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Postby Wesley1982 » Tue May 15, 2012 9:21 pm

Incense is used in some Christian traditions - what is the Buddhist use for it? . .

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Re: Incense

Postby gingercatni » Wed May 16, 2012 12:02 am

it is primarily used as one of the offerings when a shrine is opened. But it also helps stimulate the practitioner during meditation. Sandalwood incense is featured heavily through many sutras.

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Re: Incense

Postby plwk » Wed May 16, 2012 2:36 am ... ncense.htm
(Buddhist value: Incense symbolises the fragrance of pure moral conduct and reminds us to cultivate good conduct)

Imagine that you are a stick of incense. Someone comes along and light up a matchstick. The person then uses the lighted matchstick and lit you up. Immediately, you are burning away.

As you are burning, your body gives off a lovely fragrant smell. This fragrance spreads through the air and brings joy and happiness to people's heart.

The person then offers you to the Buddha. You are being put into an incense pot. You stand happily in the incense pot because you know that you have an important role to play. Your fragrance symbolises the fragrance of pure moral conduct. And this reminds people to cultivate good conduct. This fragrance spreads in all directions throughout the world.

As you are burning away, you also remind people to try and burn away their bad, unkind or selfish thoughts. They should try to be like you, burning away their selfish acts and bringing fragrance and happiness to the world. Let every breath everyone breath out into the world be full of sweetness and love. Continue to spread your fragrance in all directions.
The fragrance of the incense is symbolic of ethics and morality. These are the virtues of the Bodhisattva spirit of benefiting others and self. If we do not practise ethics and live immorally, then the offering of incense does not serve any purpose. Offering of incense is only meaningful if our conduct befits the correct standard and principle of ethics and morality.
Lighting or burning incense is a gesture of paying one’s highest respects to the Buddha. The lit incense prompts us to follow the Buddha’s practices and teachings, and trains our minds to focus on one single object during meditation. The act of lighting incense reminds us to free ourselves from the samsara of life and death, from mental afflictions, reincarnation, and attachment to material desires. This practice guides us on our journey of spiritual development
Incense (sugandhadhūpa) is a substance that produces fragrant-smelling smoke when burned. In ancient India incense was usually made from extracts of various flowers or from the aromatic gums produced by certain trees. The Buddha often metaphorically equated virtue with a sweet smell. For example, he said: ‘Of all fragrances – sandalwood, tagara, lotus or jasmine – the fragrance of virtue is by far the sweetest.’ (Dhp.55). And again: ‘The smell of flowers does not go against the wind ... but the perfume of the good person pervades all directions.’ (Dhp.54). When informed Buddhists light incense and place it before the Buddha statue, they silently reflect on the importance of virtue and resolves to practise the Precepts more faithfully.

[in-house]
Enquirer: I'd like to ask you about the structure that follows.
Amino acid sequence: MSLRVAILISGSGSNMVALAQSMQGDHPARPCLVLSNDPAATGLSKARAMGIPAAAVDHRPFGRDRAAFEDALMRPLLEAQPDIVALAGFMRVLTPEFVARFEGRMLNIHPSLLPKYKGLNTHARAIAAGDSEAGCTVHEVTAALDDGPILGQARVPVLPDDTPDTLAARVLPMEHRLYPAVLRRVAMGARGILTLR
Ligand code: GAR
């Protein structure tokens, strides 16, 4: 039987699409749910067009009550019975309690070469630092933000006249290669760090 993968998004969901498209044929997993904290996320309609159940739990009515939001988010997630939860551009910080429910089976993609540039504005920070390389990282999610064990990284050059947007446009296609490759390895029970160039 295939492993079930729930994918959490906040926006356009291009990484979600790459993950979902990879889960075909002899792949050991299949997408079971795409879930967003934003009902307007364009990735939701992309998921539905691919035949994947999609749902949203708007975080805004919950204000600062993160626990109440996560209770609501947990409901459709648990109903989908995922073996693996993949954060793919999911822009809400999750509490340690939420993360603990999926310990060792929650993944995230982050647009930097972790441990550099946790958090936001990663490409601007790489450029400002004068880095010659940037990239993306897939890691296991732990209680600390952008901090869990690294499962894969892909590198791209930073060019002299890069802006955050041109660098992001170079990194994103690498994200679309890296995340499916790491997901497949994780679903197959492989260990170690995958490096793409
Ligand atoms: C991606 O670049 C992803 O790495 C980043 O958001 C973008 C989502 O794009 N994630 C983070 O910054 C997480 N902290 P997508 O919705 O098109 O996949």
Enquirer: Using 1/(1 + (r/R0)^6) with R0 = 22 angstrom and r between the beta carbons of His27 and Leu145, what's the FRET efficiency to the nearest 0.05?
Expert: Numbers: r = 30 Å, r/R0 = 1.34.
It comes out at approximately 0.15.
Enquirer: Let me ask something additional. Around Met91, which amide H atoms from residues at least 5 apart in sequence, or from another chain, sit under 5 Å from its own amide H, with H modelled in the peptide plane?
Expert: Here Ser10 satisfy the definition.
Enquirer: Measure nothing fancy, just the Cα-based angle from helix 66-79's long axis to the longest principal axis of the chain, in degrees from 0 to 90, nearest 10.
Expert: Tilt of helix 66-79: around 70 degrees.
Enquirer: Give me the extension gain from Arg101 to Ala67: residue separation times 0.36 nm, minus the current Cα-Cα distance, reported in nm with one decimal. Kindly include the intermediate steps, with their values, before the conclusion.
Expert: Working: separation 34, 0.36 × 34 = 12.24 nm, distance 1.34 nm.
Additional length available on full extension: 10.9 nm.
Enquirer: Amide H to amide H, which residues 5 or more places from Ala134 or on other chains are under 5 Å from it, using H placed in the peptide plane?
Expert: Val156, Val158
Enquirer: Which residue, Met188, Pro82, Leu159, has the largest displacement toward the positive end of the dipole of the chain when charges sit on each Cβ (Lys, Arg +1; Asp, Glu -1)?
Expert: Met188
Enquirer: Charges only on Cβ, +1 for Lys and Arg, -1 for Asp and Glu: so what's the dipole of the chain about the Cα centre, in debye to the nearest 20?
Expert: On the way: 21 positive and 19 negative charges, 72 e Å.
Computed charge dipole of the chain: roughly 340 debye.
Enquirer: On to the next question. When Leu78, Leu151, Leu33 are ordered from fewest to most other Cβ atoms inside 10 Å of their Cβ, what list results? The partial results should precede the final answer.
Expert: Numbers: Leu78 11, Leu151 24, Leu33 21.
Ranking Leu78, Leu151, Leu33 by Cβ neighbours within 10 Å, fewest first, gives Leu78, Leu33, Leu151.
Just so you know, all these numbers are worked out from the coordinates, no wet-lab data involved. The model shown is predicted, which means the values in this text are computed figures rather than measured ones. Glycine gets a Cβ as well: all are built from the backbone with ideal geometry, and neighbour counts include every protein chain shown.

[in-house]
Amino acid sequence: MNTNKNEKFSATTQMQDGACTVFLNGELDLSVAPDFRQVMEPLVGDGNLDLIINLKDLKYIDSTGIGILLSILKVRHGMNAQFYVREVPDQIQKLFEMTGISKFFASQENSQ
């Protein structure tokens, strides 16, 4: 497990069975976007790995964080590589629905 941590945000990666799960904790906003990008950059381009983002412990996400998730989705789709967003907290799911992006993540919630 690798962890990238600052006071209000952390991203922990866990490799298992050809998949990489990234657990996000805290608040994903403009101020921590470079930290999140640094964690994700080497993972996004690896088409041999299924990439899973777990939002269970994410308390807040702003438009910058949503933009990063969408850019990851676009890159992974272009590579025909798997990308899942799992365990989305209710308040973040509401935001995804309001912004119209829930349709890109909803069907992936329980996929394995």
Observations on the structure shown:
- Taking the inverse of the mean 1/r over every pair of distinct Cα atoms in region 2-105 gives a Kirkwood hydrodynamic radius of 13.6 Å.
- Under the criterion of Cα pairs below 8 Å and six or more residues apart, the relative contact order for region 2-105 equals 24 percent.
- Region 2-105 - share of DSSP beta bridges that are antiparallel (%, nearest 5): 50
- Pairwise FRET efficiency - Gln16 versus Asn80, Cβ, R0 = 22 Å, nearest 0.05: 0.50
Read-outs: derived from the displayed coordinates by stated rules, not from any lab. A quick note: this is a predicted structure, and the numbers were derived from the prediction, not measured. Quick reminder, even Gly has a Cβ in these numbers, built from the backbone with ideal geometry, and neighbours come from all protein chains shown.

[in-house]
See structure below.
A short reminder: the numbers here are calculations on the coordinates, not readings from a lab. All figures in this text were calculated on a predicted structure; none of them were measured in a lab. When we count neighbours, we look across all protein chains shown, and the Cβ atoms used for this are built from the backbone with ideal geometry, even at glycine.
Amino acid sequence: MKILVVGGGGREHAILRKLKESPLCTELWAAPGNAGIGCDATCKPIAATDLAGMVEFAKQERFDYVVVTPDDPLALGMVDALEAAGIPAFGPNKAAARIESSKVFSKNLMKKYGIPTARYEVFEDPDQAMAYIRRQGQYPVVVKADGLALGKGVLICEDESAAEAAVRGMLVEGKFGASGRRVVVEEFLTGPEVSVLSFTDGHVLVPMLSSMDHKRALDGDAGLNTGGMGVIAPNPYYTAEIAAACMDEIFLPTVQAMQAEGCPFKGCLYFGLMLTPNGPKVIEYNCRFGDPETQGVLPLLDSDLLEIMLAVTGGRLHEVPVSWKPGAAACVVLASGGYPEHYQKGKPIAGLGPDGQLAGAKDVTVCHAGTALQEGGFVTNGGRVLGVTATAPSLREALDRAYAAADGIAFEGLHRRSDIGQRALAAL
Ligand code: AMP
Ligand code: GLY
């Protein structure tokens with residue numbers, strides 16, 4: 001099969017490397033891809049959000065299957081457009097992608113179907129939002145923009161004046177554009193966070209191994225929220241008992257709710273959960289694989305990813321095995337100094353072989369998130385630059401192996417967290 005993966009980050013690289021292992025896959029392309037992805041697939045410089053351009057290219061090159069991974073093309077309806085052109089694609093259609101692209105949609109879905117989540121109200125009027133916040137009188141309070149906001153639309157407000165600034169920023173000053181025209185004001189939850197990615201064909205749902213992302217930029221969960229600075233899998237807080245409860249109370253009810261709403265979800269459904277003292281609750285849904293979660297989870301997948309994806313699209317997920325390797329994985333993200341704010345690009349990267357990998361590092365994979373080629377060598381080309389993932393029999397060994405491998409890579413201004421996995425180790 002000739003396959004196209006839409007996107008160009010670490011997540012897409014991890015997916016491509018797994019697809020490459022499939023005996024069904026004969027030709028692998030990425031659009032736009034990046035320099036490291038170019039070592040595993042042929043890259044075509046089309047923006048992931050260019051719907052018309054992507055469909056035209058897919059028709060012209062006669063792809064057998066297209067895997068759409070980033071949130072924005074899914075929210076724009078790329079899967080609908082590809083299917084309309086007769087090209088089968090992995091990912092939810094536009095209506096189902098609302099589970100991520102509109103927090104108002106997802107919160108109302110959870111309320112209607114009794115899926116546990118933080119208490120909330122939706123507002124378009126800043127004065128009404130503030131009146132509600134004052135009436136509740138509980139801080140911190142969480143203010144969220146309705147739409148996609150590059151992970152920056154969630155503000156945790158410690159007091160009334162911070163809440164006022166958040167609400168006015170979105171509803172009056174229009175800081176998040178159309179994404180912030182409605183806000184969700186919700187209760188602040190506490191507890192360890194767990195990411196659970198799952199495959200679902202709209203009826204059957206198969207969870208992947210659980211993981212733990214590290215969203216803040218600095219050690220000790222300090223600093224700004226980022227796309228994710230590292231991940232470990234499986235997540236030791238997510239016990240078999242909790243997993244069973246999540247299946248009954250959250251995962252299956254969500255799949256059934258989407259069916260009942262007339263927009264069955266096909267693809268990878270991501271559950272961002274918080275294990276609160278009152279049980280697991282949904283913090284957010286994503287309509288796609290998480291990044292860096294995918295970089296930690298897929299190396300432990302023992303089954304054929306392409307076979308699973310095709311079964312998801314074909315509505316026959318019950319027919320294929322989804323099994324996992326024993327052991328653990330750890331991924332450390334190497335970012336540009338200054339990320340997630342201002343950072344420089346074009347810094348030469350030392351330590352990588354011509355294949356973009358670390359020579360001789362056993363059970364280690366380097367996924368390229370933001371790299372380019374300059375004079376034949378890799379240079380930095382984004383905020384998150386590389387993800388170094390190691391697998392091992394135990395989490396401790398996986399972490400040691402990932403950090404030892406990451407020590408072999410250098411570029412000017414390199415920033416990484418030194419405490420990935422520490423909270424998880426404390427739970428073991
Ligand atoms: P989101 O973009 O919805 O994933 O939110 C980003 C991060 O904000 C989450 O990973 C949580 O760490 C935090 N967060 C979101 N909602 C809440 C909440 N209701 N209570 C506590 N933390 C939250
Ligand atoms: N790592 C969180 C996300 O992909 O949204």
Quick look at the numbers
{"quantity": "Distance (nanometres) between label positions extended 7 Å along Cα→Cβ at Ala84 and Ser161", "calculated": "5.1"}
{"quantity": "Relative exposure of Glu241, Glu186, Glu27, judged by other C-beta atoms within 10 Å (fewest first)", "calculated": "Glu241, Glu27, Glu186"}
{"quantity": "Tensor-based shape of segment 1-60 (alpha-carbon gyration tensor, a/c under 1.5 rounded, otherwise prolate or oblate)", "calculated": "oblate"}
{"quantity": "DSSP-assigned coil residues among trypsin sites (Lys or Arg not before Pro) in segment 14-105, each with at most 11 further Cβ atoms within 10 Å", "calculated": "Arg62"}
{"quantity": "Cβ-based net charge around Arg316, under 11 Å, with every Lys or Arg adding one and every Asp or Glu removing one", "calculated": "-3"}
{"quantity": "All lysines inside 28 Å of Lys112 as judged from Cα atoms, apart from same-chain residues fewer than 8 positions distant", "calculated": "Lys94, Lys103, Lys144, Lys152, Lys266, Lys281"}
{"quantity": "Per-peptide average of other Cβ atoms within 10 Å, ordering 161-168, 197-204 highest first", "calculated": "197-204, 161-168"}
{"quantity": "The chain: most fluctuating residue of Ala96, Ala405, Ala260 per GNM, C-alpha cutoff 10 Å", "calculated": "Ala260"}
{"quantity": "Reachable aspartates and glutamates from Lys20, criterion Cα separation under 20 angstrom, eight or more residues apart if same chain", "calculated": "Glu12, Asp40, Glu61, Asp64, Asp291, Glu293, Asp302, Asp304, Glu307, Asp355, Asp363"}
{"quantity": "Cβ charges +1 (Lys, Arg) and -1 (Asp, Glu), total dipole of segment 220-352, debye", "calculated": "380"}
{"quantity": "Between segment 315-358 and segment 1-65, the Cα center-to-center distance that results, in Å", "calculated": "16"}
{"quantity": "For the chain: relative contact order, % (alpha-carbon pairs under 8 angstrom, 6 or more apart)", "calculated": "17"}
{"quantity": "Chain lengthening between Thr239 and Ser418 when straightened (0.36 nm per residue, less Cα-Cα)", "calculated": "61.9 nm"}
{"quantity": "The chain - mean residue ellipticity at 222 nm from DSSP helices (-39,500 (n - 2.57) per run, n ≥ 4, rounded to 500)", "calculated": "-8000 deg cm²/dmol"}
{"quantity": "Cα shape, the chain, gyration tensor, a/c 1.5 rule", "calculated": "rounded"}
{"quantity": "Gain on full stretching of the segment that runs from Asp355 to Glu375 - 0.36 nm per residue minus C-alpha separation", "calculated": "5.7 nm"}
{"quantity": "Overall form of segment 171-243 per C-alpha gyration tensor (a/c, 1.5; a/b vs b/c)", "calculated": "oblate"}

In English, sticks of incense are sometimes called ‘joss sticks.’ The word joss is derived form the Portuguese deos meaning ‘god’ and thus to call incense ‘god sticks’ within the Buddhist context is inappropriate.

From a Theravada chanting handbook
gandha sambhara yuttena With this incense sweetly scented
dhupe naham sugandhina made from fragrant substances
pujaye pujaneyyantam I venerate the One worthy of reverance
puja bhajana mutammam the Supreme Receipient of offerings

From the Chinese Mahayana liturgy:
Incense Praise
Incense burning in the Censer,
All Dharma Realms permeates its Fragrance,
Oceanwide Buddhas perceives it from afar,
Auspicious clouds appearing everywhere,
Our utmost sincerity fulfilled,
All Buddhas manifesting Their Perfect Body,
Homage to the Incense Cloud Canopy Bodhisattvas Mahasattvas (Thrice & Bowing Prostration)

Precious Tripod Incense Praise
The Precious Tripod, with burning famed Incense,
Pervading in Tenfold Directions,
Piously offered to the King of Dharma,
With Aspirations for World Peace,
As lasting as Heaven & Earth,
With Aspirations for World Peace,
As lasting as Heaven & Earth,
Homage to the Incense Cloud Canopy Bodhisattvas Mahasattvas (Thrice & Bowing Prostration)

Precepts & Samadhi Incense Praise
The True Incense of Precepts and Samadhi,
Burning and Pervading the Heavens,
As devout and sincere Disciples,
Offering in a Golden Censer,
Instantly permeating the Tenfold Directions,
As previously, Yasodhara avoided calamity and averted disasters,
Homage to the Incense Cloud Canopy Bodhisattva Mahasattva (Thrice & Bowing Prostration)

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Re: Incense

Postby Wesley1982 » Wed May 30, 2012 2:19 am

Thanks plwk.

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